President Donald Trump meets with outgoing U.S. Ambassador to the United Nations Nikki Haley in the Oval Office of the White House, Tuesday, Oct. 9, 2018, in Washington. (AP Photo/Evan Vucci)
CNN  — 

Nikki Haley’s end-of-year departure from President Donald Trump’s Cabinet will set off a scramble to find her replacement.

One consideration for the White House: Haley, a former South Carolina governor with her eyes undeniably set on high office some day, was arguably the most high-profile woman in a Trump Cabinet with few women.

Haley, who is viewed as more accepting of the US as a global leader than her increasingly nationalist boss, had largely eclipsed Rex Tillerson, Trump’s first secretary of state, in the public eye.

Tillerson also left the administration abruptly, albeit after more public disputes with Trump. His replacement, current Secretary of State Mike Pompeo, has been a more forceful secretary and taken up some of the oxygen previously dedicated to Haley in the foreign policy sphere.

There are 23 Cabinet members listed on the White House website. Elevating Haley, as Ambassador to the UN, to Cabinet status broke with the tradition of previous Republican presidents.

John Bolton, for instance, was US Ambassador to the UN under former President George W. Bush and was not a member of the Cabinet. Bolton is now Trump’s National Security Adviser and has reportedly disagreed with Haley on key issues.

With Haley, there were six women in Trump’s Cabinet – 26%, a lower percentage than Barack Obama’s Cabinet, which ranged between 30% and 35%, but higher than George W. Bush, whose Cabinet had between 19% and 24%, according to data compiled by the Center for American Women in Politics at Rutgers. If it is not a woman who replaces Haley, the percentage of women in Trump’s Cabinet would fall to 22%.

Here’s the full list of Cabinet heads, according to the White House:


  • Administrator of the Small Business Administration Linda E. McMahon
  • Director of the Central Intelligence Agency Gina Haspel
  • Secretary of Education Elisabeth Prince DeVos
  • Secretary of Transportation Elaine L. Chao
  • Representative of the United States to the United Nations Nikki R. Haley
  • Secretary of Homeland Security Kirstjen Nielsen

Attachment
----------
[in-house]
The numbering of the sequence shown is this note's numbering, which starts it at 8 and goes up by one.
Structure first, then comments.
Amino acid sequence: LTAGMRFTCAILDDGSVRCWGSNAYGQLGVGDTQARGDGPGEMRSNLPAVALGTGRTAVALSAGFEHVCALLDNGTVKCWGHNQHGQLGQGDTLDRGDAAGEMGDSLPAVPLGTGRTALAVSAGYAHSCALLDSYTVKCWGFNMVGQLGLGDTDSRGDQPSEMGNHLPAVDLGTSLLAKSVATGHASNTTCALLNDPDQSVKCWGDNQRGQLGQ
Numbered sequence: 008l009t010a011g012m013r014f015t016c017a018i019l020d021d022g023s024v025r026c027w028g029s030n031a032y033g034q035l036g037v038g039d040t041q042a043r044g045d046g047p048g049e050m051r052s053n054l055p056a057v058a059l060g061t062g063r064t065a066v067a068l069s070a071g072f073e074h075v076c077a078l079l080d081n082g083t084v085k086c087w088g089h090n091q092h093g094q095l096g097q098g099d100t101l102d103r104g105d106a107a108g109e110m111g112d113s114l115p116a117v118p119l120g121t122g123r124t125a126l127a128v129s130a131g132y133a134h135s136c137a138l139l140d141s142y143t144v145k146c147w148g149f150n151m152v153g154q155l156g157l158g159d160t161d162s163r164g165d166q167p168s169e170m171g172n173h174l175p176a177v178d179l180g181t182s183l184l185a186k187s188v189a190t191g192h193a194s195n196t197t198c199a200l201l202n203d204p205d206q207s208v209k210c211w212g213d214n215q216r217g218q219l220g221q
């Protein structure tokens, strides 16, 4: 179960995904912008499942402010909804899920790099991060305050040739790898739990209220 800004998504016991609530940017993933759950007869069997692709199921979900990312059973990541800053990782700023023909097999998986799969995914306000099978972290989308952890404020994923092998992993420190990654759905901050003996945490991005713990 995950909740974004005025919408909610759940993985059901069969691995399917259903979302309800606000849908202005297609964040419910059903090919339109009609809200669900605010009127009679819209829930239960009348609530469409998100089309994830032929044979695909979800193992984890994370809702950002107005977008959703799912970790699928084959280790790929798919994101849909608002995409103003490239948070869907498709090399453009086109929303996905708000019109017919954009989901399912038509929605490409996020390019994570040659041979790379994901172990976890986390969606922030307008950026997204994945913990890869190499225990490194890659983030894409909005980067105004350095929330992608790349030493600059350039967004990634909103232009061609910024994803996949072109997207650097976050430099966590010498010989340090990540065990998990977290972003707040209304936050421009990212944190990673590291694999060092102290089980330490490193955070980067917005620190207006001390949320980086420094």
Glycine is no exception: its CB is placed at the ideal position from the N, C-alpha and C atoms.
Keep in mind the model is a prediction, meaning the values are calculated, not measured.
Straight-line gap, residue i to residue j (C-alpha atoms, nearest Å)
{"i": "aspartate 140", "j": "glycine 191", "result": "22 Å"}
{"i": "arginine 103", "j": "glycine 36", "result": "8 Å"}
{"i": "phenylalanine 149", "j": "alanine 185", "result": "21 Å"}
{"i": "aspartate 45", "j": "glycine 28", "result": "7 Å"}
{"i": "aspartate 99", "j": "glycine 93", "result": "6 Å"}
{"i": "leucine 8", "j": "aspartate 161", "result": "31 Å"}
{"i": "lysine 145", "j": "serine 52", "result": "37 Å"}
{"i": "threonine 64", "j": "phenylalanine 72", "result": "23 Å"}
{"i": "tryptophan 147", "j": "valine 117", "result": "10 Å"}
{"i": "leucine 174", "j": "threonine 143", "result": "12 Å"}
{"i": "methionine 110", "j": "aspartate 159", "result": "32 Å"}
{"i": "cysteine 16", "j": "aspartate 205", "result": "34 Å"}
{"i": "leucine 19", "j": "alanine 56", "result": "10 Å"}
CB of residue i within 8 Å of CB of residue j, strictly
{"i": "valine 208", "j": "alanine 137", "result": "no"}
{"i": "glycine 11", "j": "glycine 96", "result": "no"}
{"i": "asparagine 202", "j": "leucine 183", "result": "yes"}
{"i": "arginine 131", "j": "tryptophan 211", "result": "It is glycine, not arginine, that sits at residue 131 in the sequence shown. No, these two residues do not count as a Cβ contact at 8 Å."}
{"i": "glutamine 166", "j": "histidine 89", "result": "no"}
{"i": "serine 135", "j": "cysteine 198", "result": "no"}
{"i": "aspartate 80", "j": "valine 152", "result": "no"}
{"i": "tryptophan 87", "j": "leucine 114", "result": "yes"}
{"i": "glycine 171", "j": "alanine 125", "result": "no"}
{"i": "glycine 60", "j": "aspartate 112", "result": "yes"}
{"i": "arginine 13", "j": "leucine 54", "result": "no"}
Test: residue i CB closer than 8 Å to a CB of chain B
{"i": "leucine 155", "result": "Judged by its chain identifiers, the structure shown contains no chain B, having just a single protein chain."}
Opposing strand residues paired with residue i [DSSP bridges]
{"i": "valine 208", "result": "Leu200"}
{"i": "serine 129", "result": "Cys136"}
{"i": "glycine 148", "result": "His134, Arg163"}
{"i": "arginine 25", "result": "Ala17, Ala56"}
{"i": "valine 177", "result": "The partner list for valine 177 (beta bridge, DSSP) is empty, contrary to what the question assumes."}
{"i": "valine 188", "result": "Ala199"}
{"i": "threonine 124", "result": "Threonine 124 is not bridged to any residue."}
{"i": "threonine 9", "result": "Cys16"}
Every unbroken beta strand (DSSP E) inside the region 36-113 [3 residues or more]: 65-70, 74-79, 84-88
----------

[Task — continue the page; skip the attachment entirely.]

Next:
• Attorney General Jeff Sessions
  • Director of National Intelligence Daniel Coats
  • Director of the Office of Management and Budget Mick Mulvaney
  • Secretary of Agriculture Sonny Perdue
  • Secretary of Commerce Wilbur L. Ross, Jr.
  • Secretary of Defense James Mattis
  • Secretary of Energy James Richard Perry
  • Secretary of Health and Human Services Alex Azar
  • Secretary of Housing and Urban Development Benjamin S. Carson, Sr.
  • Secretary of the Interior Ryan Zinke
  • Secretary of Labor Alexander Acosta
  • Secretary of State Mike Pompeo
  • Secretary of the Treasury Steven T. Mnuchin
  • Secretary of Veterans Affairs Robert Wilkie
  • U.S. Trade Representative Robert Lighthizer
  • Vice President Michael R. Pence
  • White House Chief of Staff John F. Kelly

How women are treated and represented in US government is a key issue in the midterm elections next month. Democrats have made elevating women to Congress a key part of their platform and more women are running for elected office than ever before.

The political drama surrounding Christine Blasey Ford’s accusation that Supreme Court Justice Brett Kavanaugh sexually assaulted her when the two were in high school has further focused the election on gender issues. Kavanaugh has touted that he will have only women law clerks for his first term on the bench – a Supreme Court first.

Haley, for her part, said at the White House Tuesday that she’ll be supporting President Trump and Republicans in coming elections.